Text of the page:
Anamaría Guzmán Cárdenas isn’t going to box herself in. She never has, and it’s served her well.
She’s always followed opportunities that felt right and piqued her curiosity. That’s how, as a high school student in Bogota, Colombia, she followed her intuition to the University of Nebraska–Lincoln.
“I had never heard of Nebraska, but an (education) agency we were working with was hosting a presentation about it,” Cárdenas said. “Something in me said to go, try it out.”
Cárdenas’ interactions with the recruitment specialist at the time, Brent Schmoker, along with others at the university, solidified her decision to make Nebraska the next stop on her academic trajectory.
“They showed they cared throughout the process,” Cárdenas said. “Instead of scrolling through a computer, overwhelmed by all the paperwork, there’s someone there to help you. And that makes a whole world of difference, especially for our parents, because the parents are the biggest part of the decision-making process, as well.”
Cárdenas found her footing quickly on campus, but being away from her parents was hard. She found a community, though, and through activities that included being a New Student Enrollment Leader and a member of the international student welcome team, Cárdenas developed leadership skills she didn’t know she could.
Cárdenas initially majored in psychology, but neuroscience appealed more. As a child, she’d always loved science, and the brain particularly fascinated her.
“Why are people the way they are? What drives them? What motivates them?” Cárdenas said. “There are all these amazing questions, and it’s so complex, but I think I always thought that understanding the brain is the way that we understand ourselves, because really, it’s the machinery that drives us. It’s this beautiful organ that allows us to be conscious, be aware and experience the world.”
Cárdenas wanted to major in neuroscience — then learned the major didn’t exist. She talked with her adviser and some faculty members about her interests and her aspirations. Eventually, they found a way. Cárdenas worked with Scott Stoltenberg, associate professor of psychology, to develop an Individual Program of Studies with a neuroscience track. She added biology and chemistry minors.
“I considered myself pre-med, and I wanted to be a doctor,” she said. “My, how things have changed.”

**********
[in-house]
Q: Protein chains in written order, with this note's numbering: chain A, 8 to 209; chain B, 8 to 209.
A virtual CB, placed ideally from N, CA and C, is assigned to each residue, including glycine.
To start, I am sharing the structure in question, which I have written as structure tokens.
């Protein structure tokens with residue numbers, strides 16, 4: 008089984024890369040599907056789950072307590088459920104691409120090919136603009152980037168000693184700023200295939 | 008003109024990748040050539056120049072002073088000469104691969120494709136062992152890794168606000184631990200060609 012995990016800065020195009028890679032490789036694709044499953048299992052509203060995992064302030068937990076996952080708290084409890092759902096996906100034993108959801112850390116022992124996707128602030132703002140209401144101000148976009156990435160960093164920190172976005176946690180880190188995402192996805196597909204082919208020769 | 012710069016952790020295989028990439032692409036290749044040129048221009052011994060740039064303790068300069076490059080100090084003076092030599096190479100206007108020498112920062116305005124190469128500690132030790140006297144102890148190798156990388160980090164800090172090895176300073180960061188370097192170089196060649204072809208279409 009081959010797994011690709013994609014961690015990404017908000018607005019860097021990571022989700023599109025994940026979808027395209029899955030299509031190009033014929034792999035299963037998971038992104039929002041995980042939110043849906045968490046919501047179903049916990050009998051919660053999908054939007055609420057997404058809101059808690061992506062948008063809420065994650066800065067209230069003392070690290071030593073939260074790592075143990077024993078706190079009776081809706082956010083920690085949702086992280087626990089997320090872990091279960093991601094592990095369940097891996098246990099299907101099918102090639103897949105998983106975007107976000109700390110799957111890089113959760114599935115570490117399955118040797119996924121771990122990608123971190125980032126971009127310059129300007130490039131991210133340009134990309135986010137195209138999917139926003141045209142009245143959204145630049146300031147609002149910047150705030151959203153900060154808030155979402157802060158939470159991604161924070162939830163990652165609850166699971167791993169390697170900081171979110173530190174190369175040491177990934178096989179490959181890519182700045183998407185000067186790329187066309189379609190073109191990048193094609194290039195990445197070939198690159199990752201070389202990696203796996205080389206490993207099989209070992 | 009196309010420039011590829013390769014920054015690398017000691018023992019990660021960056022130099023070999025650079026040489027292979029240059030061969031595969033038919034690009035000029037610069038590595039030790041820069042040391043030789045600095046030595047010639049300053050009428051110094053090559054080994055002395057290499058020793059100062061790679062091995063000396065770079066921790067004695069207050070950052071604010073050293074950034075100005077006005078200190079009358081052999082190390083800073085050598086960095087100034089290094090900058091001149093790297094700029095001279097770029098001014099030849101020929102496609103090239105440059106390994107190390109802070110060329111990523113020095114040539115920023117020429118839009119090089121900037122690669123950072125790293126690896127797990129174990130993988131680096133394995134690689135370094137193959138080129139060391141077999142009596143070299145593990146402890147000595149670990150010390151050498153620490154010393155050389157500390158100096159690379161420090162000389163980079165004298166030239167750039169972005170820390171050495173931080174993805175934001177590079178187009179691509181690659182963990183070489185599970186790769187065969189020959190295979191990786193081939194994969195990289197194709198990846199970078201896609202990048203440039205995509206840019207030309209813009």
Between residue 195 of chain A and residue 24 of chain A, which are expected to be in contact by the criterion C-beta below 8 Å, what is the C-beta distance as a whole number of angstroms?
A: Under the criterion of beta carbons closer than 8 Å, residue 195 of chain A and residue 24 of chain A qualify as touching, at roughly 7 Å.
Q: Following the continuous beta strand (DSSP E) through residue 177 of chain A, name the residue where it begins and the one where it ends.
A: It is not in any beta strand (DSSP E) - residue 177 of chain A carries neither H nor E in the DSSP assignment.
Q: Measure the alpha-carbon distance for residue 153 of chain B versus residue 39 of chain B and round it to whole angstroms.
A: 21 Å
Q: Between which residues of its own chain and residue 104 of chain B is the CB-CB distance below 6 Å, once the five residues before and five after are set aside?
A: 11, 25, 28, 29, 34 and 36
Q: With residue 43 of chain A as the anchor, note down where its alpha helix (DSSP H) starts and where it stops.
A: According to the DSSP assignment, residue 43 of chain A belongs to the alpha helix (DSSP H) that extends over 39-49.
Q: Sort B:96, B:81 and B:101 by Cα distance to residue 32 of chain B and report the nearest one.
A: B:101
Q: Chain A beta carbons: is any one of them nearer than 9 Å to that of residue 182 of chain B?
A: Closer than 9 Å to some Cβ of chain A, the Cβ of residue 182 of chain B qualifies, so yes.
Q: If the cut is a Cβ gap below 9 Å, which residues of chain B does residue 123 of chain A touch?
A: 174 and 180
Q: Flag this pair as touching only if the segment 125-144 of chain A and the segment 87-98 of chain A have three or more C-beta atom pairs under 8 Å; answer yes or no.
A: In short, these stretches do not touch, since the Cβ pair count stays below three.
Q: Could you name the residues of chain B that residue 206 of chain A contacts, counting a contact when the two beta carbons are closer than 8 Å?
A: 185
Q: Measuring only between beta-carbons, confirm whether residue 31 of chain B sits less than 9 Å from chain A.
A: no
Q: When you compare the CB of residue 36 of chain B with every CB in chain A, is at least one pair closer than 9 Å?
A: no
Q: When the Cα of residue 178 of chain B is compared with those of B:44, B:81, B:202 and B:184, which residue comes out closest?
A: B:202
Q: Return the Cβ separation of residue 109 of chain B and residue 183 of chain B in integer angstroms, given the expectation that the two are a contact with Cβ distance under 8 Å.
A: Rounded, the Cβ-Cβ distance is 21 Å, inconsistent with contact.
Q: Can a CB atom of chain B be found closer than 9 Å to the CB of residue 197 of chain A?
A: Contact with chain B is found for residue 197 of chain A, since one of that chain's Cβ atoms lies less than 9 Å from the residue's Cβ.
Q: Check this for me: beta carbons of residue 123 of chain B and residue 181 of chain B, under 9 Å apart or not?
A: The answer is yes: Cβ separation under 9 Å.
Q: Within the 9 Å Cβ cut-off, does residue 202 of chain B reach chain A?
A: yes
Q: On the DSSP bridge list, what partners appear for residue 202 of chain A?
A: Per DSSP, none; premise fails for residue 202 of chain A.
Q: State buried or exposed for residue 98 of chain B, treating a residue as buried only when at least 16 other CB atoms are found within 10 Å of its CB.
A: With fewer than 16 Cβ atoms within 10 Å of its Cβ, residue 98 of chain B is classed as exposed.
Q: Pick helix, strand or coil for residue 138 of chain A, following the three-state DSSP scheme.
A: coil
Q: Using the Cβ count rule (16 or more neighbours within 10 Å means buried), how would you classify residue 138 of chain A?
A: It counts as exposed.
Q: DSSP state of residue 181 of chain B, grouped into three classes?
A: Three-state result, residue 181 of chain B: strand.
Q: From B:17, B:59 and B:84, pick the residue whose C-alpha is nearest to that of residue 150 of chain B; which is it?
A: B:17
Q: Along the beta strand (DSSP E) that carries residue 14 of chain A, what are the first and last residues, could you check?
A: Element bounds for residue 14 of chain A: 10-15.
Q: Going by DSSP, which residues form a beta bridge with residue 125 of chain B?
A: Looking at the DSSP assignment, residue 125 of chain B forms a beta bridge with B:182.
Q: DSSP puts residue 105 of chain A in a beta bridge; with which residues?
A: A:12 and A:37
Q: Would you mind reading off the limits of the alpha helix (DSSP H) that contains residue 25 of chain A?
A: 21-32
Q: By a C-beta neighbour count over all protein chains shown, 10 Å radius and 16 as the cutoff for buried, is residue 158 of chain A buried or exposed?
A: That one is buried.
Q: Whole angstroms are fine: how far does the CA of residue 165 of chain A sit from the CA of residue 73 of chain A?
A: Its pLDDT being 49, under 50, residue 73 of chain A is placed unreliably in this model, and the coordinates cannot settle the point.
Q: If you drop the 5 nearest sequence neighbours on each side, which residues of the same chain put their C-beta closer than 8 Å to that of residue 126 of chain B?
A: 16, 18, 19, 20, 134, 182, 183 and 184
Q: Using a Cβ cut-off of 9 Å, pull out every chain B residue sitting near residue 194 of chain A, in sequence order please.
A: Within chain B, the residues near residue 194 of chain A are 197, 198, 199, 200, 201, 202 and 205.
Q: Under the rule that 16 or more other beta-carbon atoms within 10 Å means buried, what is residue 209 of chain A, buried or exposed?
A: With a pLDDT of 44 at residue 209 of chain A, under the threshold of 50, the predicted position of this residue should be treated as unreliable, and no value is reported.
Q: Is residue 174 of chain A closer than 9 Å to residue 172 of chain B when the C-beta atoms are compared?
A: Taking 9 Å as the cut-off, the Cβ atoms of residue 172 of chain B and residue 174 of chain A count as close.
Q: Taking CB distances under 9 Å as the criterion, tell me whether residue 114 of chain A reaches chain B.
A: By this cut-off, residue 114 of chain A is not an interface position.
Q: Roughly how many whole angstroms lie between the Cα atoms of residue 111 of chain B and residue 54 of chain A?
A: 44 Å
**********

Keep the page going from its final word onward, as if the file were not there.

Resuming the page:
In addition to always having loved science, Cárdenas also grew up with a love of dancing. She never had any formal training, but dance is part of the cultural fabric of her country.
“We’re a social culture and known for dancing,” Cárdenas said. “We grew up learning all these dances — the salsa, merengue. They were all part of how we celebrated.”
At the university, Cárdenas joined the Ballroom Dance Club, a registered student organization, and learned the foxtrot, waltz and tango, finding herself drawn even more to dance.
Despite the deleterious effects of COVID-19, Cárdenas was able to find a silver lining by exploring more about the world of dance while in quarantine with her roommates. She discovered that dance was being used as a form of therapy for numerous health issues, including neurodegenerative diseases.
It felt like serendipity.
“I was feeling a little burned out with the science, and I had a really tough semester,” Cárdenas said. “I love it so much, but it felt like I didn’t have the fire any more. I just really loved dancing. It was helping me so much getting through quarantine, keeping me sane.
“I felt like dance had a power to change the mind. I went on Google and started searching for careers that could somehow mix dancing and science, and I found the master’s program for dance as therapy.”
Cárdenas also decided to get formal dance training by taking dance classes in the Hixson-Lied College of Fine and Performing Arts in the fall and spring semesters of the 2020-2021 academic year. That helped her get accepted into the master’s program for movement and dance therapy at Lesley University in Cambridge, Massachusetts, which she’ll begin in the fall, after graduating at Nebraska on May 8. There are only a handful of such programs in the United States.
“I am really excited to be a part of something so new and innovative,” she said. “I hope to someday have my own lab, researching dance and neuroscience, where we use dancing as a way to understand our brain better and to treat disease.”
Despite a difficult transition to college life so far away from home, academic headaches when classes seemed impossible, and the hardships of a global pandemic, Cárdenas said her time at Nebraska has been transformative.
“I don’t regret those struggles and challenges I had, because that’s when you learn your most important lessons,” Cárdenas said. “Through discomfort, we learn the lessons we need to learn for ourselves and our path.”